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Fuel cell trains on the move

The Coradia iLint in Austria,
Alstom
© Alstom

The evocatively named Heidekrautbahn, or heather railroad, has a long history: Since 1905 it’s enabled city dwellers to escape from the German capital into the surrounding Schorfheide countryside to the north. However, efforts to resume the passenger service between Basdorf and Berlin-Gesundbrunnen, which was discontinued in 1983, have been drawn out over many years. On Dec. 14, 2020, a grant was due to be awarded that would make this rail link a vital part of a large-scale hydrogen project. According to the proposals, the trains would be powered by fuel cells using renewable energy supplied from regional sources and an electrolyzer would be acquired along with additional hydrogen vehicles. In spite of these preparations, the pandemic has, nevertheless, put the launch on hold.

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Green future envisaged for steel

HDR, © Eva Augsten
© Eva Augsten

ArcelorMittal plans to scrap the use of coke in steelmaking

Steel group ArcelorMittal has plans to build a pilot plant in Hamburg that will use hydrogen in its ore reduction process to produce pure iron as part of a construction project that is due to get underway in the third quarter of this year. In future, some of the gas could be supplied by a new hydrogen network that is being set up especially for the industrial park at the port.

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New direction for VDMA

The fuel cell working group of Germany’s association for the mechanical and plant engineering industry VDMA has been bolstered by the appointment of Fabian Kapp. At the general meeting held online in February 2021, the Gräbener Maschinentechnik director was elected to the board and now sits alongside four fellow board members. Kapp explained: “The working … Read more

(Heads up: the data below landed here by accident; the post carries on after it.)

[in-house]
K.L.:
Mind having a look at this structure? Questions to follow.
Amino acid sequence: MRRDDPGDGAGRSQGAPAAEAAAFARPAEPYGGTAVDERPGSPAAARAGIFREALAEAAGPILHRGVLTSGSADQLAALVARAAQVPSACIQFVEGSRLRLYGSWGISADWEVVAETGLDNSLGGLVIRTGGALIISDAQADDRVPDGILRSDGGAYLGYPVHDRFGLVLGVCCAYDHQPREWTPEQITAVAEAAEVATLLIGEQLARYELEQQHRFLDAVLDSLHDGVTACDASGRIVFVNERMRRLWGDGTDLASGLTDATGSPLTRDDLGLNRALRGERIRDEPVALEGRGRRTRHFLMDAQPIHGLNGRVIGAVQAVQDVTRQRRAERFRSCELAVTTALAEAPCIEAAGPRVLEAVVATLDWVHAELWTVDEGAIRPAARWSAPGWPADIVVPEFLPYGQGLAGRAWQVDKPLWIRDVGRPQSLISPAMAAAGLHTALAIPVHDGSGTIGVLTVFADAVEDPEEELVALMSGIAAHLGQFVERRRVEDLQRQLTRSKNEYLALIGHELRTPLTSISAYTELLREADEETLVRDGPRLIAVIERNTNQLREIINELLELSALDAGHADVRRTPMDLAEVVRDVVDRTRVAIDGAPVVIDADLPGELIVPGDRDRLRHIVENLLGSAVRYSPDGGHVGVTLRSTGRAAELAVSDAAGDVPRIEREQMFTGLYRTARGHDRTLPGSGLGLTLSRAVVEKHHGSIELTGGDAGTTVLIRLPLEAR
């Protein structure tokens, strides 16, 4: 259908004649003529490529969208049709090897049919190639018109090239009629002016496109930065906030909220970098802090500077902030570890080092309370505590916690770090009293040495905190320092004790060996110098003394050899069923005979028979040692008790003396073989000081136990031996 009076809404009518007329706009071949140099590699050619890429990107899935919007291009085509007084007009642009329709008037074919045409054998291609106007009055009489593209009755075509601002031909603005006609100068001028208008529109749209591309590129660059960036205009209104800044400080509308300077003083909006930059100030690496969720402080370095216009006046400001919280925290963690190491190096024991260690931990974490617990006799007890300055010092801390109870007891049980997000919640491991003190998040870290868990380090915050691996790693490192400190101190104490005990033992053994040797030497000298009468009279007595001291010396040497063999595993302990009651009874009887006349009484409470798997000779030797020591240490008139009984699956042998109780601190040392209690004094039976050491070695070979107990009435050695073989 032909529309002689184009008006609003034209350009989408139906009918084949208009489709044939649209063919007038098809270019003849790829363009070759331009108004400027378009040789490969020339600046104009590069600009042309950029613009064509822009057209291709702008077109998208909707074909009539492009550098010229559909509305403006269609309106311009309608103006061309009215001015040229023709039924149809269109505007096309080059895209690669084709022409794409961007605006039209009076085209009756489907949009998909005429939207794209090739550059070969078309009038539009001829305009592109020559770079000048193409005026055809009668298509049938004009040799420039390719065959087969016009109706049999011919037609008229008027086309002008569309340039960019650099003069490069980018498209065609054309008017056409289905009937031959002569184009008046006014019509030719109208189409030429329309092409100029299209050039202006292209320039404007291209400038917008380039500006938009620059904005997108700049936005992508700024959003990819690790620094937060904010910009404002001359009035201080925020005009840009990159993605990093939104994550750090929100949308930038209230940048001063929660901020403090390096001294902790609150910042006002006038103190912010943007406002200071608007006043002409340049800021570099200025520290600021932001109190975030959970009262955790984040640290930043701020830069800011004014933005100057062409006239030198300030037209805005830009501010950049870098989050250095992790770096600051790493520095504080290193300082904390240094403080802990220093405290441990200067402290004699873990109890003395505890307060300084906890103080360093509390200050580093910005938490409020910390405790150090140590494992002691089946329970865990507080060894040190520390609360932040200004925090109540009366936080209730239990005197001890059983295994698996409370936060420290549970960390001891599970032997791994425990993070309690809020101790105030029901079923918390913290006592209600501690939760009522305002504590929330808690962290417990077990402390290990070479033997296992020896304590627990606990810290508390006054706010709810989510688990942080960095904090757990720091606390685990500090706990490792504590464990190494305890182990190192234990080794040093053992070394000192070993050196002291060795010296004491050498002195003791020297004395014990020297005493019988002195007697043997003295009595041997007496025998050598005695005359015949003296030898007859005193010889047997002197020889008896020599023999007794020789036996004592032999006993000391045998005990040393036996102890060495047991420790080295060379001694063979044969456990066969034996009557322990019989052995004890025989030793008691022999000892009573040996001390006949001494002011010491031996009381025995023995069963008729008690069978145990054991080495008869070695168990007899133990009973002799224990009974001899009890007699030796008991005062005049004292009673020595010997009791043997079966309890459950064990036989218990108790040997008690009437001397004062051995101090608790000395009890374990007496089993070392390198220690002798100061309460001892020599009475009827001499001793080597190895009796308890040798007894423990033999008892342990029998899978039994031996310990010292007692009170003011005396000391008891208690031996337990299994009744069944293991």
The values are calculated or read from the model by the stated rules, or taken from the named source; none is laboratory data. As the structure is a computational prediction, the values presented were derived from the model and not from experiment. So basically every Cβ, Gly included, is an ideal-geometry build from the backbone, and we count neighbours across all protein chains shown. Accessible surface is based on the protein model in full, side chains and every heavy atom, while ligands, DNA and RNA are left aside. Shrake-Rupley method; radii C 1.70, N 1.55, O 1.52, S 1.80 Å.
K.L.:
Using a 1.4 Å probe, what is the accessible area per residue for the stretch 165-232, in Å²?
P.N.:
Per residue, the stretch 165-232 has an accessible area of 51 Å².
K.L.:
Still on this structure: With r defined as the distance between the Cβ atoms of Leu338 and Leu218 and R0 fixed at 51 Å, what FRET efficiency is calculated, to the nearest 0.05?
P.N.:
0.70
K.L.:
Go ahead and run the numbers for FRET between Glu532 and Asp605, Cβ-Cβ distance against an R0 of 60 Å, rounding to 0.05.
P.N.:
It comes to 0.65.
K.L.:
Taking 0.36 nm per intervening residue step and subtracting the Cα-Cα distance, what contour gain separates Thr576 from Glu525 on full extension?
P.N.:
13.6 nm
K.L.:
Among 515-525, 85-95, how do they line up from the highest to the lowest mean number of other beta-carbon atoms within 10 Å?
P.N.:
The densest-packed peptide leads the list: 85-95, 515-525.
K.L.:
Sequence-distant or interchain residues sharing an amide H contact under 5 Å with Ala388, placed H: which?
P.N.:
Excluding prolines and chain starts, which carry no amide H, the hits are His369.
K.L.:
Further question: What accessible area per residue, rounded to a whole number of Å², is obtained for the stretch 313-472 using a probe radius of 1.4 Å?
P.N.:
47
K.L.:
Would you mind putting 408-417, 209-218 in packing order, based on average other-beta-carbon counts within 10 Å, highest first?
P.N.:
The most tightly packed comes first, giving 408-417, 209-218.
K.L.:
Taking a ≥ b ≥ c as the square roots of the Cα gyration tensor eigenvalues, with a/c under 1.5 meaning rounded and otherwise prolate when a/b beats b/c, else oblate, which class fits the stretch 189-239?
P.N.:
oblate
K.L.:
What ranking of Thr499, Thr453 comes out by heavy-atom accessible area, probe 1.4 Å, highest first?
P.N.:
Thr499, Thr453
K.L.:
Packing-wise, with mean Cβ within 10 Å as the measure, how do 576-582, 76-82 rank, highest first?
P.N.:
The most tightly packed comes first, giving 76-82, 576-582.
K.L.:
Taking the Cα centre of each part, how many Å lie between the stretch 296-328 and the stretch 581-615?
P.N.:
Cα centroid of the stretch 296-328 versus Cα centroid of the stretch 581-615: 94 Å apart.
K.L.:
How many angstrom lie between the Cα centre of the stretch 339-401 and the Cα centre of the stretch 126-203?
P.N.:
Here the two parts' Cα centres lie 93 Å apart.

Franco-German hydrogen cooperation

Philippe Boucly, © France Hydrogène
Philippe Boucly, © France Hydrogène

By the time of the next presidential election in 2022, France hopes to have regained the economic growth it last experienced in 2019. In order to stimulate the economy following the COVID-19 lockdown, the French government is rolling out a EUR 100 billion recovery program named France Relance. EUR 2 billion of the funds will be released over the next couple of years to support hydrogen projects. In total, the French government plans to channel EUR 7 billion of investment into this energy carrier in the runup to 2030. Meanwhile over the border, Germany has earmarked funds of EUR 9 billion to bolster its hydrogen sector. These financial stimulus packages and, moreover, the ambitions of these two countries to adopt a leadership stance in the future hydrogen economy, are also resulting in increasing efforts of French and German companies to work together.

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Fuel cell megawatt system for aviation

BALIS Test field
© DLR
© DLR

Hot on the heels of the fuel cell-powered motor glider HY4, which was awarded a test flight permit in late 2020 (see cover story in H2-international, February 2021), another venture was given the green light at the beginning of this year. As part of the follow-up BALIS project, whose approval arrived in just six weeks, the four-seater HY4 aircraft is set to become a 40-seater. On Jan. 21, Steffen Bilger, parliamentary state secretary at the German transportation ministry, handed over EUR 26 million in funding to Josef Kallo from the German aerospace center DLR.